1.e4 e5 2.Nf3 Nc6 3.Bb5 Nf6 4.d3 Bc5 5.c3 0-0 6.0-0 d6 7.h3 Ne7 8.d4 Bb6 9.Re1 d5

[9...Ng6 10.Nbd2 c6 11.Ba4 Bc7 12.Bc2 Re8 13.Nf1 d5 14.exd5 exd4 15.dxc6 dxc3 16.Qxd8 Rxd8 17.bxc3 bxc6 18.Bg5 Ba5 19.Re3 Bb6 20.Ree1 Ba5 21.Re3 Bb6 22.Ree1 1/2-1/2 Hamdouchi,H (2589)-Feller,S (2576)/Nimes FRA 2009/The Week in Chess 771]

10.Nxe5 Nxe4 11.Nd2 Nxd2?

Sergey Karjakin

r_bq_rk_
ppp_nppp
_b______
_B_pN___
___P____
__P____P
PP_n_PP_
R_BQR_K_

Peter Svidler

Position after 11...Nxd2

[11...Nd6]

12.Bxd2 f6 13.Nd3 Bd7 14.a4!? c6 15.a5 Bxa5

[15...cxb5]

16.Nc5 Bc8 17.Bd3 Bb6

[17...Bc7]

18.Ne6 Bxe6 19.Rxe6 Ng6

Sergey Karjakin

r__q_rk_
pp____pp
_bp_Rpn_
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_P_B_PP_
R__Q__K_

Peter Svidler

Position after 19...Ng6

White is most probably winning.

20.Qh5?

"I need a different brain." - Svidler who couldn't explain why he chose this inferior continuation that allows black to simplify and solve many of his problems.

[20.Qg4! Rf7 21.Bxg6 hxg6 22.Qxg6 Qd7 23.Rae1 Raf8 24.Bf4 Bc7 25.Bxc7 Qxc7 26.Qf5 Qd7 27.g4 and white will find a way to win according to Svidler.]

20...Re8

Svidler said he had to use breathing exercises here just to continue the game so annoyed was he about his error. He thinks black may even be better.

21.Rae1 Rxe6 22.Rxe6 Nf8 23.Re3 Bc7 24.g3 b5 25.h4 Bd6 26.b3

Sergey Karjakin

r__q_nk_
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_PPBR_P_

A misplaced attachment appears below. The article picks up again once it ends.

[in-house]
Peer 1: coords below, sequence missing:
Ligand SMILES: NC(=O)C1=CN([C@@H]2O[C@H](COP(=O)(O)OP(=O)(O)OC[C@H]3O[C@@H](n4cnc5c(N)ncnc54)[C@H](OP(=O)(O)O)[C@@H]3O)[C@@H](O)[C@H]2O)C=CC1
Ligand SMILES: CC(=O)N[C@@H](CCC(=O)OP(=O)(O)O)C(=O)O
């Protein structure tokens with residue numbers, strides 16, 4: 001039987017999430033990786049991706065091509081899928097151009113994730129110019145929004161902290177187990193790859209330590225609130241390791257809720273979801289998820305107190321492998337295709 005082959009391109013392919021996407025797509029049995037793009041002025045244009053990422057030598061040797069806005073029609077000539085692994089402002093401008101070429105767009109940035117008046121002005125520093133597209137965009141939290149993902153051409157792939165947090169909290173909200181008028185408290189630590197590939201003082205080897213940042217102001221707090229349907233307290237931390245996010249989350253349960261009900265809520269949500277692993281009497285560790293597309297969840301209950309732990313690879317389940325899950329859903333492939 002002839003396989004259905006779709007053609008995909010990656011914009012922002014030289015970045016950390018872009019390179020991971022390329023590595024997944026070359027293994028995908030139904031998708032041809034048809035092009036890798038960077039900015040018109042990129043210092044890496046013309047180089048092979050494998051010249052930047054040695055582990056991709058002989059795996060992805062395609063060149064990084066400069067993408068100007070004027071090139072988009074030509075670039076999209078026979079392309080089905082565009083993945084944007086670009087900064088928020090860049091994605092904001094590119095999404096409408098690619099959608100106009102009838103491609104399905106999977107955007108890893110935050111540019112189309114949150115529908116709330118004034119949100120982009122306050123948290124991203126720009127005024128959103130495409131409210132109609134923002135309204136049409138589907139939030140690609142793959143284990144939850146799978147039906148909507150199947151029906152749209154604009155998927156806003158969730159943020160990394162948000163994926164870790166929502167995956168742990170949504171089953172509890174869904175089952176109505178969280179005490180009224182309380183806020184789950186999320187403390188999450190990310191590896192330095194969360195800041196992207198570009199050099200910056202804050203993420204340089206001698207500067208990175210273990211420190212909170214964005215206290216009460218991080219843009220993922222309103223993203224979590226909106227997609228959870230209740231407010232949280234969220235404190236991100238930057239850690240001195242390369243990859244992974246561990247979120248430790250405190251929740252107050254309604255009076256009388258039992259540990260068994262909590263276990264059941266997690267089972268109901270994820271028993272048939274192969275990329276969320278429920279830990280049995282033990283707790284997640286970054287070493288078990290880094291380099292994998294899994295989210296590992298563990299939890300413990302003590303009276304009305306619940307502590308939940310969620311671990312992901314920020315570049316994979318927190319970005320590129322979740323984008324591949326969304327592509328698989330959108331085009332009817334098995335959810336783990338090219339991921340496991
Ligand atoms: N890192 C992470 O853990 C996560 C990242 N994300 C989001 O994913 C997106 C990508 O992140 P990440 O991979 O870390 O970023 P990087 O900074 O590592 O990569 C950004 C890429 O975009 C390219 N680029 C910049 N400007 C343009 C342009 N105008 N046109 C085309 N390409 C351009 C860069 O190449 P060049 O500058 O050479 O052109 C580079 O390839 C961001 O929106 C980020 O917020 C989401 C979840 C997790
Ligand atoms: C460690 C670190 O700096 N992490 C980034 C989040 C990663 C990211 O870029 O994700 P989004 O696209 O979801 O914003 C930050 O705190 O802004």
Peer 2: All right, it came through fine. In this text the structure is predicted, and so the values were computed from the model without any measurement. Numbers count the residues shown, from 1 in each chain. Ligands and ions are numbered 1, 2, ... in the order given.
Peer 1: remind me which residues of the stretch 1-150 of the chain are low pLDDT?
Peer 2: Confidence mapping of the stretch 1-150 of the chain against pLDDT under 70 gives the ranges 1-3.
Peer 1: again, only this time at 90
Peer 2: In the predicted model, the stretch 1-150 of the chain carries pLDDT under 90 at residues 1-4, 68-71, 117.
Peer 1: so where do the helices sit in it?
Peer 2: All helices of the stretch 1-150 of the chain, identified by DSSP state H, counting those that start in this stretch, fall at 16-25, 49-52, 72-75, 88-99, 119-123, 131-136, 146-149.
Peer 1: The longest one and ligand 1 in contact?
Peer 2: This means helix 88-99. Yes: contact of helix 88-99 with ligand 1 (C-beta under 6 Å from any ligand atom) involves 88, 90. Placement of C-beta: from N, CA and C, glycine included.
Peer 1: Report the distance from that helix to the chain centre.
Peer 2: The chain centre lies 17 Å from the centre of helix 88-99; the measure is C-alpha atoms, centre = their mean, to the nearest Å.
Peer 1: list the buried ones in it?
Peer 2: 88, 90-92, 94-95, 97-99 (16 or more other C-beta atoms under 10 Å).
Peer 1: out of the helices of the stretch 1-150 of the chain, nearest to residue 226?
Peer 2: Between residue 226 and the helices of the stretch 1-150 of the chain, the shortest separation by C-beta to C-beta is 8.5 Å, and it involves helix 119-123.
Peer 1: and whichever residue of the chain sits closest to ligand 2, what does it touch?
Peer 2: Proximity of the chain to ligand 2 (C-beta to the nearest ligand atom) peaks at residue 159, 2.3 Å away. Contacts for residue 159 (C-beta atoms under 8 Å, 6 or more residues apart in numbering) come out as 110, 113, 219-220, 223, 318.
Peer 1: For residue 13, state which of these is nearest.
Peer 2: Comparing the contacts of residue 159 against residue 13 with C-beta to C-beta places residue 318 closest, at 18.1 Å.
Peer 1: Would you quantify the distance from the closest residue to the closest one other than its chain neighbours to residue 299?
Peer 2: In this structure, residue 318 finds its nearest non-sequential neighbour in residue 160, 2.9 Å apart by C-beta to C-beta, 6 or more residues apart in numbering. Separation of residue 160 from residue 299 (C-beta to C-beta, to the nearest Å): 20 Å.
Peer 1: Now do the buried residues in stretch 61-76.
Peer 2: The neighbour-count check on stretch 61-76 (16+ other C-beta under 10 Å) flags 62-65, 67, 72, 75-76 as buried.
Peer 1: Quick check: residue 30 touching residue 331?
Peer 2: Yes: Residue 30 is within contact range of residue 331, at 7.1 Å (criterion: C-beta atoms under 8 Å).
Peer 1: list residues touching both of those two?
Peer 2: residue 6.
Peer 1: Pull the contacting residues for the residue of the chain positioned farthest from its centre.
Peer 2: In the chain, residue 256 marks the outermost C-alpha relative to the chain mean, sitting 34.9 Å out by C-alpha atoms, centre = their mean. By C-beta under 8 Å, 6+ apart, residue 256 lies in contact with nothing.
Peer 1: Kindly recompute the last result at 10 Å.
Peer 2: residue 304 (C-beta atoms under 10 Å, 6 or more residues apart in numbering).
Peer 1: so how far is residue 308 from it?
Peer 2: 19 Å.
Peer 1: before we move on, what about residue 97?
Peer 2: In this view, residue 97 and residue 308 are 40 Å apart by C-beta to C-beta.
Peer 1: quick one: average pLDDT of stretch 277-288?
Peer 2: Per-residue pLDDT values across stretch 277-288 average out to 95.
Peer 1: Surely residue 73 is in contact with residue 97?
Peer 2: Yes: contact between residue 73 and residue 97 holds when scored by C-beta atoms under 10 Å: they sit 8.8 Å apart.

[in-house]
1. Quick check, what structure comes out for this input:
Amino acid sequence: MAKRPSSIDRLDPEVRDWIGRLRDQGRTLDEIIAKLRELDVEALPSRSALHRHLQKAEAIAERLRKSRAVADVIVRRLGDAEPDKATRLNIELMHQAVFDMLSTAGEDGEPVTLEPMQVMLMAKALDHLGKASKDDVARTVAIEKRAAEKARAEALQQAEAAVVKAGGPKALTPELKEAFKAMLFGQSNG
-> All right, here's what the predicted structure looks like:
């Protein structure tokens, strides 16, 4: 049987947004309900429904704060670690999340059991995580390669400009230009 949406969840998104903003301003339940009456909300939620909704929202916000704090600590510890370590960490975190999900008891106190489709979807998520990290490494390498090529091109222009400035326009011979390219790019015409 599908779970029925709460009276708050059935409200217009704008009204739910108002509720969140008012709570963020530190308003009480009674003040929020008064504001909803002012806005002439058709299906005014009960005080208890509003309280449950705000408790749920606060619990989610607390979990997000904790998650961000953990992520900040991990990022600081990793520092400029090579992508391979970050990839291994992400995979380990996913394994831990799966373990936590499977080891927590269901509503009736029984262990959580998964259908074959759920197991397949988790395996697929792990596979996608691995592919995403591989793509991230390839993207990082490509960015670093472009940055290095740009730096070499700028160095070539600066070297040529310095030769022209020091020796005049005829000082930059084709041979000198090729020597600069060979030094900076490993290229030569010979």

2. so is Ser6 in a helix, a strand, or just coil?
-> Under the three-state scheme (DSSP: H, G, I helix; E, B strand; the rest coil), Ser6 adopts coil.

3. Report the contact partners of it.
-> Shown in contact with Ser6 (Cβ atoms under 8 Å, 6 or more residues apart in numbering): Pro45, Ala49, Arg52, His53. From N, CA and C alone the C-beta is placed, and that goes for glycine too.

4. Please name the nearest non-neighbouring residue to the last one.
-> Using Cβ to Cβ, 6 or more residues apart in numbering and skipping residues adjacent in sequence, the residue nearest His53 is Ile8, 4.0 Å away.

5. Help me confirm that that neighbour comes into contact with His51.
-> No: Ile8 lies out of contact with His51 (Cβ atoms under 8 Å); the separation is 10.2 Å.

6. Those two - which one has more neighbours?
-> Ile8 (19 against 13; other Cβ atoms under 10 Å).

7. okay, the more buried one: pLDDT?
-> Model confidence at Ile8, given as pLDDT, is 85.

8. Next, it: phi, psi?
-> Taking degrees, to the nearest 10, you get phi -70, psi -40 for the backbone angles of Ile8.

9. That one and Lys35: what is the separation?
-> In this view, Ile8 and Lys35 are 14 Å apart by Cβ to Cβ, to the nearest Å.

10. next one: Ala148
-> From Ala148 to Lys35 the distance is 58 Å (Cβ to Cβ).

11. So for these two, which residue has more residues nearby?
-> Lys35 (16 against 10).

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______K_

Peter Svidler

Position after 26.b3

This is a double edged decision from Svidler.

26...a5 27.c4 bxc4 28.bxc4 Bb4!

Overlooked by Svidler.

29.Bc1 a4 30.Bb1

Svidler said he thought he was lucky to have this move.

30...Qb6

[30...dxc4?]

31.cxd5 Bd6

[31...Bd2 was probably Karjakin's intention but it doesn't work. 32.Bxh7+! Nxh7 33.Re7 Kh8 34.Re8+ Rxe8 35.Qxe8+ Nf8 36.Qxf8+ Kh7 37.Bxd2 Qb1+ 38.Kh2 Qf5 39.Bf4]

32.Ba2 c5 33.Re7 Kh8 34.Rf7 Kg8 35.Re7 Kh8 36.Qf7 Bxe7 37.d6 Ng6 38.dxe7 Nxe7 39.Qxe7 cxd4 40.Qe4 Rc8 41.Bf4 Rd8 42.Qe7 Rc8 43.Qe4 Rd8 44.Qe7 Rc8 45.h5 Qd8 46.Qb7 h6 47.Be6 Rc3?!

[47...Rc2 is maybe about equal.]

48.Qf7 a3?

Sergey Karjakin

___q___k
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___p_B__
p_r___P_
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Peter Svidler

Position after 28...a3?

Now Svidler is winning and he doesn't let go.

[48...d3]

49.Bd6 Qa8 50.Bd5 a2 51.Bxa8 a1Q+ 52.Kh2 Qe1 53.Kh3 Rc8 54.Bf8 Rxf8 55.Qxf8+ Kh7 56.Bd5 Qf1+ 57.Kh4 1-0

Carlsen,Magnus (2872) - Wang Hao (2743) [A30]
Supreme Masters 2013 Sandnes NOR (8.4), 17.05.2013

1.c4 c5 2.Nf3 Nc6 3.Nc3 e5 4.d3 d6 5.a3 a5 6.g3

[6.e3 f5 7.d4 e4 8.d5 exf3 9.dxc6 bxc6 10.Qxf3 Ne7 11.e4 fxe4 12.Qxe4 Bf5 13.Qe2 Qd7 14.Bf4 0-0-0 15.Na4 Qc7 16.g4 Bd7 17.0-0-0 Ng6 18.Be3 Re8 19.h3 h5 20.gxh5 Nh4 21.Qd3 Bf5 22.Qb3 Qb7 23.Qc3 Qc7 24.h6 Be4 25.Rg1 Nf5 26.Bf4 Nd4 27.Rxd4 cxd4 28.Qxd4 Rxh6 29.Bxh6 gxh6 30.Nc3 Qf7 31.Qd2 Bh7 32.Be2 h5 33.f4 Bh6 34.Rf1 Rf8 35.Bd3 Bf5 36.Kb1 Qxc4 37.Bxf5+ Rxf5 38.Re1 Bxf4 39.Qc2 Re5 40.Rd1 Qe6 41.Qa4 Qf5+ 42.Ka1 Kd7 43.Rf1 Qf7 44.Qd4 Rf5 45.Qa7+ Ke6 46.Qa8 Bd2 47.Qc8+ Ke5 48.Rxf5+ Qxf5 49.Qxc6 Bxc3 50.Qxc3+ Kf4 51.b4 axb4 1/2-1/2 Nielsen,P (2578)-Avrukh,B (2625)/Istanbul TUR 2000]